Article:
DSM: Slavery, Education, Political Philosophy, Caring, Human Rights, Effecting Change


Scott David Gray (sdavid@tiac.net)
Sat, 05 Feb 2000 17:50:52 -0500


     The slavery analogy has sparked some deep thought and
deep sentiment. Despite how far we've strayed from the topic
of education, because I have a deep interest in the history of
slavery in this country I would like to make a few comments.

    When government and civil society does more damage to the
human rights of any people than it does good in protecting
those same members' human rights, those who have been cast
aside and their sympathizers have every moral right to act
directly and physically against the government and against the
so-called civil society.

     In the case of African American slavery, the state did
not recognize or protect the fundamental rights of the negro
in any way, and the state and civil society promoted the
institution of chattel slavery. This put the nation of the
United States in a position of deliberate WAR against the
African American slaves. So the salves (and their
sympathizers) had every right to react by any and all means
possible to dismantle a government that had NO intrinsic
authority over the African American because it refused to
protect his/her rights.
     At the "Chatham Conference" on May 8+10 1858 in Chatham
Canada West (now Ontario) leading Negroes and White
Abolitionists met, and drafted a "Provisional Constitution for
the United States" as a rightful government in exile.
     John Brown and his raiders acted as the army of the
government in exile, in attempting to bring about a massive
slave rebellion and guerilla war in the American South through
their raid on Harper's Ferry. I would maintain that they were
wholly justified in doing so, in particular because every
effort was made to liberate slaves and capture property rather
than to hurt pro-slavers (even their hostages declared that
the raiders were decent towards them, and the hostage Joseph
Brua even volunteered medical aid to Aaron Stevens after the
slaughter of the raiders by Lieutenant Colonel Robert E. Lee
was begun).

     So, to turn to the Lincoln analogy and the Emancipation
Proclamation. Lincoln took action AFTER a bloody war had
already begun. Having already paid the COST of violent
conflict, he choose to take action of questionable legality in
order to TURN an illegitimate government into a new government
which truly was moral -- there wasn't much for the government
to lose by that point as the violent conflict had already
begun.
     Would it have been better to let the civil war rage on,
and then to do something half-baked like letting 4-million
live in slavery provided it not be extended into the North,
just so that reconstruction would prove a tad easier? It
seems to me that would have only caused ANOTHER civil war
later! John Brown was right when he said that "the crimes of
[that] guilty land, [would] never be purged away, but with
blood."

     In one fundamental way, the issue of truancy laws is
different than issue of slavery. Over the long run, despite
the humiliating and disgusting treatment of children in the
modern era, the rights of children that are mostly protected
(the right to life, and to grow up safe from fear of physical
or other terror) are of enough intrinsic value relative to the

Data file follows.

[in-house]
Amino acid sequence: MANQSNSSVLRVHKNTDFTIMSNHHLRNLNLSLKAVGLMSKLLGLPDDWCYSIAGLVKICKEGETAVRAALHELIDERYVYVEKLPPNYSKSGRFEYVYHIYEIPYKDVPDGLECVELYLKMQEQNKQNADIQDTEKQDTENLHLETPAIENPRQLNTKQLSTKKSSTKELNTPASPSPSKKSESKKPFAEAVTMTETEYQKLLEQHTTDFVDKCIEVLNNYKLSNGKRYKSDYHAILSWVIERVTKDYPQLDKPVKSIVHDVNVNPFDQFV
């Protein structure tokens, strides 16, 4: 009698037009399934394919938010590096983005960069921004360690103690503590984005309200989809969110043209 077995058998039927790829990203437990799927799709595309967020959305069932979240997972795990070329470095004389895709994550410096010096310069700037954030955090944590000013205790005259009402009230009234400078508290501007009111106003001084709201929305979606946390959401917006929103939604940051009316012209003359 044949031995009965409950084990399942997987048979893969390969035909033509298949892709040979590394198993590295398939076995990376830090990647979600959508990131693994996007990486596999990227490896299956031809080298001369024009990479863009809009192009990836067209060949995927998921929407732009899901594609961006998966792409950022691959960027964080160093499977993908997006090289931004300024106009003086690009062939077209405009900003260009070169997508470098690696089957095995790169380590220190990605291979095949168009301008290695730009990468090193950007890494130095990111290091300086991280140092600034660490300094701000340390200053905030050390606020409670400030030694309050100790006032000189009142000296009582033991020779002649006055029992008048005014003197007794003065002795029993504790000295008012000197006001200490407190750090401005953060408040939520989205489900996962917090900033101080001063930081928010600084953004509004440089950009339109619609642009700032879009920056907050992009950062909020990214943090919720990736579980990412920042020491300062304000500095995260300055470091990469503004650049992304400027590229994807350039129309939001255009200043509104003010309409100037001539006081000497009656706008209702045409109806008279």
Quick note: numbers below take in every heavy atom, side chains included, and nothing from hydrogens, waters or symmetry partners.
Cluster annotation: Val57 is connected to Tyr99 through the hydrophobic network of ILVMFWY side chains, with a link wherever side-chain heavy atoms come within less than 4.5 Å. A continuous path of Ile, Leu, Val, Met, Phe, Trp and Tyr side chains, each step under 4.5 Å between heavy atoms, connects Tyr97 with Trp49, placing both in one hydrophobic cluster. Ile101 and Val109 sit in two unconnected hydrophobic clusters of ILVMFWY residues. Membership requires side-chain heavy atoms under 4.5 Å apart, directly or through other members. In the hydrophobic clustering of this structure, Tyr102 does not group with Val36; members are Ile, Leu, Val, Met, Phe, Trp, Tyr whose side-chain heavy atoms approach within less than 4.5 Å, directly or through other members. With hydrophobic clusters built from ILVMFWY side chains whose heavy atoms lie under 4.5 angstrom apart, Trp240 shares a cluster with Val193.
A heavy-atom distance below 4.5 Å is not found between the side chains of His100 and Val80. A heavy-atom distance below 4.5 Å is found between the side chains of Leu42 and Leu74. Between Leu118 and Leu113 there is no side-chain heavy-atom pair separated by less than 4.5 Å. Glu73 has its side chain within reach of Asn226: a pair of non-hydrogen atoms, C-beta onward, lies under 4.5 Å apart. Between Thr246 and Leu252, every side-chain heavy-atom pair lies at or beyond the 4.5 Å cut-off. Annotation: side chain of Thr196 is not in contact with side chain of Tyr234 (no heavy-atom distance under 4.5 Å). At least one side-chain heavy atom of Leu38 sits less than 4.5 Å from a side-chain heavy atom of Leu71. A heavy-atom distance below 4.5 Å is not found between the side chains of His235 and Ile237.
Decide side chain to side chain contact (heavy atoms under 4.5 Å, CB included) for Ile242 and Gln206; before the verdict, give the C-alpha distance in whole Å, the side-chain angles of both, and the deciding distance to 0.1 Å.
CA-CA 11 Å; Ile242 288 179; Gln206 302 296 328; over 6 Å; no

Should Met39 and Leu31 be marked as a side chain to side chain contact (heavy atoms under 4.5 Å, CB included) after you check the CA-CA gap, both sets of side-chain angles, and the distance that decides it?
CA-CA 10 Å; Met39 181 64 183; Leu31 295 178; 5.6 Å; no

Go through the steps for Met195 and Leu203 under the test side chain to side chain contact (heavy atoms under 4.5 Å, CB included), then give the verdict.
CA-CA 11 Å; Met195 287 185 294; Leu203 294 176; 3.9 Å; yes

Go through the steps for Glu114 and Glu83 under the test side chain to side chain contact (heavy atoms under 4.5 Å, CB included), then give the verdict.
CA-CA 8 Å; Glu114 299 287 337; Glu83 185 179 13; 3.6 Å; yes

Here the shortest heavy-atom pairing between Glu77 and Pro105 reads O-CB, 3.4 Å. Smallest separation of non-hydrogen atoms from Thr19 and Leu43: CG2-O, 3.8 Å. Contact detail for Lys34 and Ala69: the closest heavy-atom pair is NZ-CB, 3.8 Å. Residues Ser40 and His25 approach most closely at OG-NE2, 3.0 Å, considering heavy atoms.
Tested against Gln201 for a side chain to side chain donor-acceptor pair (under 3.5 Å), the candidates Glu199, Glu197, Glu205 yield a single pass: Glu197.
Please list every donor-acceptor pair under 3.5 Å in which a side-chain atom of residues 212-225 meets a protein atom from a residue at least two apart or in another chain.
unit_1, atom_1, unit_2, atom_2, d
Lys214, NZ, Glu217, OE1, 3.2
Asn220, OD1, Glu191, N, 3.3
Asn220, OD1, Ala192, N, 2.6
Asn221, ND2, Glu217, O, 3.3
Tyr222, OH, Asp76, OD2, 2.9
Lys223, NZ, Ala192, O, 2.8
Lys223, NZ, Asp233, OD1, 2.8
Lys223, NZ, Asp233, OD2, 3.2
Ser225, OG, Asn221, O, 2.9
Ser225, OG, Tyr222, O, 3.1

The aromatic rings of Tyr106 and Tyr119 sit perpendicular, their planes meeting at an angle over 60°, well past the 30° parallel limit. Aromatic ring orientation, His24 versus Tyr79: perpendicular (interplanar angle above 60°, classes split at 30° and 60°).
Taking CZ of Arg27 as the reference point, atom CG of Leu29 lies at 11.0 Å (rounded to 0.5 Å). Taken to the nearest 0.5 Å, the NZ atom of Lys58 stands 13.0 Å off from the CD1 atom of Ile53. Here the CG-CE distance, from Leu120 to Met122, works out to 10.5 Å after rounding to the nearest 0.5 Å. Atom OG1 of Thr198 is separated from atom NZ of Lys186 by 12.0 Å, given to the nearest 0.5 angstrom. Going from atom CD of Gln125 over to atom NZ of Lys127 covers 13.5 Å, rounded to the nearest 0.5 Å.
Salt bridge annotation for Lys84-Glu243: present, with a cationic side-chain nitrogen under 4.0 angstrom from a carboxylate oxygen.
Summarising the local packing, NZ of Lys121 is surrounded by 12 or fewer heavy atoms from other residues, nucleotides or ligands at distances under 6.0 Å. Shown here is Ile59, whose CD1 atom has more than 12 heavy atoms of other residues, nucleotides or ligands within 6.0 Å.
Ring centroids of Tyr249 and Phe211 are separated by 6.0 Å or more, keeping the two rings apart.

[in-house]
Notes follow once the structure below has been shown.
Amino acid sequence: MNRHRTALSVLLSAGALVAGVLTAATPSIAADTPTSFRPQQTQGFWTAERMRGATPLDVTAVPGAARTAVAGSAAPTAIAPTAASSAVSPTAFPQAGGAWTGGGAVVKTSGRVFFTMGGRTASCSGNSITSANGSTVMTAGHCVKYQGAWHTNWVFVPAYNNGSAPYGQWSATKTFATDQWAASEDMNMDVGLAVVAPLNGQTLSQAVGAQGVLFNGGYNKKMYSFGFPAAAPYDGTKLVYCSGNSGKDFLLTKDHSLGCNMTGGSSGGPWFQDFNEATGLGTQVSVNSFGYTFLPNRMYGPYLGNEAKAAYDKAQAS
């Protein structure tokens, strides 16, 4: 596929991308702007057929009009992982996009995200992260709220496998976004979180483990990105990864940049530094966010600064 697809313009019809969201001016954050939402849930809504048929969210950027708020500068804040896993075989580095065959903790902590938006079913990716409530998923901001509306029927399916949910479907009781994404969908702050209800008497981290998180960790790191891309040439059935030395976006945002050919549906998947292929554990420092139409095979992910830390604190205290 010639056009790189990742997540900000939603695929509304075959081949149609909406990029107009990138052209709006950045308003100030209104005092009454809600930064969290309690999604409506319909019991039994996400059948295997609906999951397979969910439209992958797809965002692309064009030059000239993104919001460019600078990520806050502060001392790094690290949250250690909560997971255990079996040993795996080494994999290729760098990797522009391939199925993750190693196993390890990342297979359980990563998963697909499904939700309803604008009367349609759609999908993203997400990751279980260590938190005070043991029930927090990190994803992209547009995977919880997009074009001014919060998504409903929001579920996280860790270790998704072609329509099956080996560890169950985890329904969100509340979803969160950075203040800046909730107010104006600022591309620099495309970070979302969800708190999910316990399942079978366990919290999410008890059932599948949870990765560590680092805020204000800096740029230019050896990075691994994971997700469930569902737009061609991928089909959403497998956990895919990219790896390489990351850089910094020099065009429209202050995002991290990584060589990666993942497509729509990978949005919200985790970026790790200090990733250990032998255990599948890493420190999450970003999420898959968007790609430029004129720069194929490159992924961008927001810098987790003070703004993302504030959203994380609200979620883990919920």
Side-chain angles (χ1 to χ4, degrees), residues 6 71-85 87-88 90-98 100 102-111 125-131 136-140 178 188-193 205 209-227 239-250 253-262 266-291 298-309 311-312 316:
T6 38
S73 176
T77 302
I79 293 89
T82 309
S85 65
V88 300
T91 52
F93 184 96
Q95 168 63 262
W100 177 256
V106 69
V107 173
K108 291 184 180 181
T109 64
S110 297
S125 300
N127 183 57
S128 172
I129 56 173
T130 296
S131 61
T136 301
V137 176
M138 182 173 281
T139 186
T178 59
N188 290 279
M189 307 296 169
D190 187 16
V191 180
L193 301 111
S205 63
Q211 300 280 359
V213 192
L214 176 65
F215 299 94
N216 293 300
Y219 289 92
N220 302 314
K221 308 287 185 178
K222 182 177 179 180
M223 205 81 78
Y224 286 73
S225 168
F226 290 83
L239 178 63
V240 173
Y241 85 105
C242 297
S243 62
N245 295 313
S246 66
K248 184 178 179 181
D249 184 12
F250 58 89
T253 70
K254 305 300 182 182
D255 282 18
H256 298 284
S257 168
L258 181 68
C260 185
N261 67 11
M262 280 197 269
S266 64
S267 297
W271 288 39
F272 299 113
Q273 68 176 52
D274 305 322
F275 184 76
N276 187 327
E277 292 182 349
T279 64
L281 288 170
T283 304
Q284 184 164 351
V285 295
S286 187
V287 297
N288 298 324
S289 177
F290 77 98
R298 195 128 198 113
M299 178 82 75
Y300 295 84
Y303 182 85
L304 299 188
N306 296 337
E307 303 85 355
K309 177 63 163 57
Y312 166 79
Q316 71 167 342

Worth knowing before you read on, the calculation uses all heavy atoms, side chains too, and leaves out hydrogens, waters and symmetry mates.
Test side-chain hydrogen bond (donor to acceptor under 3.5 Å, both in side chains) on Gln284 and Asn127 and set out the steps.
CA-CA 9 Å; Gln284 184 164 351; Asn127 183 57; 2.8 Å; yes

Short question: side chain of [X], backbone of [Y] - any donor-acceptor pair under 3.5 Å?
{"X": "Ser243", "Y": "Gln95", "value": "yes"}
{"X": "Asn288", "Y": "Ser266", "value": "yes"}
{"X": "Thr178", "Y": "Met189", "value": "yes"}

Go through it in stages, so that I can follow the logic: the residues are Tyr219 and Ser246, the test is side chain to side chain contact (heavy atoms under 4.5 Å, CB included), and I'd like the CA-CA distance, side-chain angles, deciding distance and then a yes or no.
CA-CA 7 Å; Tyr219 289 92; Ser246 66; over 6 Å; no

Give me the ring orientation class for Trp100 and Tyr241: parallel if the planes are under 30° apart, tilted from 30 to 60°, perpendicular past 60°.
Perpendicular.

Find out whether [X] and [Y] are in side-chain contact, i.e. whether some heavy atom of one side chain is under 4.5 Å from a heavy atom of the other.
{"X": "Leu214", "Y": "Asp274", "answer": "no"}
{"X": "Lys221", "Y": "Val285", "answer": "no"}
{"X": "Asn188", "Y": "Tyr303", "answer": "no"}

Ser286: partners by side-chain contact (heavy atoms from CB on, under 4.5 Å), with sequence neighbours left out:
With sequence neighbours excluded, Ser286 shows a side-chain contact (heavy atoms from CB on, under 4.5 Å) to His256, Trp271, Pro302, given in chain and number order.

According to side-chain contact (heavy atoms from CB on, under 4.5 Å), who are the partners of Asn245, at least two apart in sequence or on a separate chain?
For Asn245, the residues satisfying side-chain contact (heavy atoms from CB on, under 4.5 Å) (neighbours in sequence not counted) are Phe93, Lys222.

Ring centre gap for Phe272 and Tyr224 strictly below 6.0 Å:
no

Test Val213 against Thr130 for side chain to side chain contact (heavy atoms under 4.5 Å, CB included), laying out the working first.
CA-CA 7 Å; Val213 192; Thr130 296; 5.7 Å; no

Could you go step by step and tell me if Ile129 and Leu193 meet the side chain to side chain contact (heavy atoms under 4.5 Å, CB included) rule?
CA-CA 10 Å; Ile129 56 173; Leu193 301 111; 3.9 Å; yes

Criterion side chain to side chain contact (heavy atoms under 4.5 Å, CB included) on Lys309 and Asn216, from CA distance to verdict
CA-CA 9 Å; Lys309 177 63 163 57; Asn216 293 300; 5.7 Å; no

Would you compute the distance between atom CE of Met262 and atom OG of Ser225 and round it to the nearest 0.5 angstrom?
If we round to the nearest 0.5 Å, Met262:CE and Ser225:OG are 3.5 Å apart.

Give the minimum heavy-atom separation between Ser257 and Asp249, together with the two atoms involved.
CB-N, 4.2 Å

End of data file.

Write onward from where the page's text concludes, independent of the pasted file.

rights categorically denied them (assembly, speech, due
process, etc.) that one cannot justify armed rebellion.

     The problem is, the rights of children which are
"protected" are NOT protected BECAUSE they are innate human
rights. They are protected because people LIKE children --
most people refuse to RECOGNIZE that children have innate
rights. The fact that everyone CARES for children has an
insidious effect. It means that one is not taken seriously
when one argues basic human rights for children. It's hard
enough to convince a person that s/he is treating an opponent
or enemy unfairly -- try convincing her/him that s/he is
treating unfairly people whom s/he KNOWS s/he cares deeply
about.

     So what can one do?
     I don't think that the answer is to pretend that the
treatment of children is fair. It is insulting and unfair to
coddle others, and let them believe that they are doing the
right thing, when they are clearly stealing human dignity from
children.
     Is it ever possible to reform things a "piece at a
time?" I think not, when the question is such a
fundamental one. The difference between the educationists and
those who prefer a Sudbury type approach, is that one group
thinks that we should debate when/where to DOLE OUT rights to
children, while the other recognizes rights as INTRINSIC and
argues that they can only be TAKEN AWAY with cause. Either
you believe that individuals have certain basic rights, or you
don't. For as long as people believe that group A (adults)
know better for group B (children) the minutia of how their
lives should be run than group B does itself, there will be no
lasting change to the modern educationist policies. The best
that the alternatives can hope for, is to create a new fad
here or there for limited periods of time (and, indeed, that
is how most alternative schools operate).
     So, here's what we can do. We can find people of like
mind, and protect as many children as we can (sort of an
underground railroad). And we can continually argue
forcefully for recognizing human rights in children.

-- Scott David Gray
reply-to: sdavid@tiac.net
http://www.sudval.org/~sdg
Phone: 508/650-9639
ICQ: 27291292
=================================
Those who profess to favor freedom, and yet deprecate
agitation, are men who want rain without thunder and
lightning. They want the ocean without the roar of its many
waters.

-- Frederick Douglass
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